You like to have things under control. Your home has to be organized in a particular way, and so does your schedule. You get stressed out when your days don’t go as planned — your child gets sick and misses daycare, you run into terrible traffic, a client cancels a meeting, your partner doesn’t want to attend the party.
Often it doesn’t take much for you to feel frustrated, frazzled and downright overwhelmed. Any disturbance to the status quo feels unbearable.
Maybe you like to control how others perceive you, so you show a very specific image: You are calm, collected, poised and put together, but on the inside, you’re anything but. Maybe you like to control the people in your life, everything from their schedules to their actions.
Either way, you need to have control. And it’s a need that often feels insatiable.
Where does this relentless craving come from?
Some people need control because they grew up in an environment where they had very little of it. As kids, they were surrounded by chaos or inconsistency, said Tanvi Patel, LPC-S, a psychotherapist specializing in work with high achieving adults and adult survivors of trauma.
Maybe their parents struggled with extreme moods or addiction. Maybe their parents repeated cycles where they were emotionally unavailable and then overly involved and intrusive, she said. Maybe they grew up with many different guardians, she added.
These kinds of situations make it difficult or even impossible to develop healthy attachments—and it’s our attachments with caregivers that dictate how we see ourselves and how we see the world, Patel said.
“While the chaos and inconsistency don’t always follow us, the need for stability does, and as adults, controlling things helps us feel stable, powerful and that ‘things will be OK,’ something we probably never felt as children.”
Some people also crave control because of their perfectionistic tendencies, Patel said. They are naturally rigid and have a hard time being flexible and pivoting when big or small changes arise. Because things must, should, have to be a certain way. They want to protect themselves and others from making mistakes or getting hurt.
Whatever the reason for your persistent need, it is problematic. Because “life is fundamentally ever-changing and unpredictable,” said Diane Webb, LMHC, a mental health counselor who has a private practice in Clifton Park, N.Y., and pens the blog The Peace Journal about helping people develop emotional wellness as a lifestyle choice. Which means that your need for control will continue to go unmet—and it’ll “continue to trigger anxiety until something gives.”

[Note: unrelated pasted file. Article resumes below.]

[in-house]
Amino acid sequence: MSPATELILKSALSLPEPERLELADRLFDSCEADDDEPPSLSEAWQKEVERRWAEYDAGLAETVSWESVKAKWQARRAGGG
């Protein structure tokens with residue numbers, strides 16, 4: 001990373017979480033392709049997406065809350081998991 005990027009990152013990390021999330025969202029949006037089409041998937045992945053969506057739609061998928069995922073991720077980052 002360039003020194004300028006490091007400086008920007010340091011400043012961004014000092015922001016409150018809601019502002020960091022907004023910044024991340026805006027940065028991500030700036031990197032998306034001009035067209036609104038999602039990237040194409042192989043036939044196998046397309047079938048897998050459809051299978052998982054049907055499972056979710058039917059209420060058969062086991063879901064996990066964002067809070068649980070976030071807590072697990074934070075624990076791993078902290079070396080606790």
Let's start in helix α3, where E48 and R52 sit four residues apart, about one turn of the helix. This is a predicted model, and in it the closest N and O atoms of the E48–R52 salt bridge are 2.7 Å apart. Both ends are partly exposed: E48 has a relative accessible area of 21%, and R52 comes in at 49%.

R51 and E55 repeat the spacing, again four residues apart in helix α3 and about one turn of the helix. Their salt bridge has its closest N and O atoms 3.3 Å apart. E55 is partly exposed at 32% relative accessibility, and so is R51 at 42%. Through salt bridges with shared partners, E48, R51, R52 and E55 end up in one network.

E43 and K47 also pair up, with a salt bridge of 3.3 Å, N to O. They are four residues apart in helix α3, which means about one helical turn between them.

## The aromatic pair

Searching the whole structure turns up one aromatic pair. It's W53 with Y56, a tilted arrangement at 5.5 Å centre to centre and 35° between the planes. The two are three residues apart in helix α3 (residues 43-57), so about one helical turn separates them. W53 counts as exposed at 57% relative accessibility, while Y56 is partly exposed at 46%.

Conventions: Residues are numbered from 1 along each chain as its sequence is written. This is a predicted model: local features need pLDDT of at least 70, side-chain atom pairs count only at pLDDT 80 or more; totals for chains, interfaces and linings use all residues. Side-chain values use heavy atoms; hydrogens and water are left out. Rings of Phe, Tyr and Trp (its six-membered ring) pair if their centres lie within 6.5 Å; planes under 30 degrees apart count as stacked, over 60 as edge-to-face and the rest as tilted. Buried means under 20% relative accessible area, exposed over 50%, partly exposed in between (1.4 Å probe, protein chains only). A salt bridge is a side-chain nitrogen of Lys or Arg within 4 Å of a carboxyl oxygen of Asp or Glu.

Webb likened trying to stop change to trying to stop waves with a hammer: Instead of fighting needlessly against them, it’s best to go with the waves.
Below are some ways you can learn to go with the flow. Because you can learn—and that’s incredibly empowering.
Ground yourself—and get clarity. “It’s hard to give up control when you are physiologically and emotionally wound up,” Patel said. She suggested practicing this mindfulness-based process:
- Focus on your inhale and exhale, and notice how your body is responding. For instance, notice your limbs, your head, heart rate, shoulders, stomach and chest.
- “As your body and mind relax and join each other in the present, clarify what about this situation is pulling you to control it.” Ask yourself, “What’s the worst that can happen if I relinquish my need for control?”
- As you ponder this question, pay attention to how your body feels and changes.
- Consider: What part of this can I affect? Then create your plan of action.
For instance, you can’t control gridlock traffic. But you can control leaving your house earlier (which might lead to missing the bulk of the bad traffic). You can control how you spend your time in the car. You might identify calming, even joyful, things you can do, Patel said—like “adding a Bluetooth call with a friend to catch up, buying an audiobook that keeps you actually wanting to be in the car.”
Think challenging but manageable. “Letting go of control can feel terrifying and unsafe,” Patel said. “Usually we build this wall of control around us because it has helped keep us feeling safe and structured in some way.”
This is why Patel suggested letting go at a pace that feels challenging (and uncomfortable at times) but manageable—and to have plenty of coping strategies to turn to. For instance, she said, you might practice yoga or keep a journal for your thoughts and feelings: a non-judgmental space where you jot down anything that arises. It’s so important to acknowledge and sit with our emotions. Journaling also is a helpful way to explore where your need for control derives from.
Change your perspective. “Try to adopt a ‘bird’s eye view’ of what you are trying to control that feels stressful at the moment,” Webb said. This might mean considering how you’ll feel about the issue five years from now, she said. It might mean “considering how someone else may think about the issue you are trying to control.”
Practice radical acceptance. Accepting that unpredictability is inevitable can help you relinquish an unhealthy sense of control and sink your anxiety, Webb said. She defines radical acceptance as “accepting and not resisting things you cannot change.”
Start by paying attention to your self-talk around control—and adjust it. For instance, the next time you’re craving control, you tell yourself, according to Webb: “Even though I am frustrated by change, this is my opportunity to practice acceptance and flow peacefully with these transitions.”
Sometimes your need for control is too constant, too stubborn. And that’s OK. This is when it’s most helpful to work with a therapist. You don’t have to live with anxiety or overwhelm. You can learn to let go. You can learn to pivot, adjust and adapt. You can learn to surf the waves.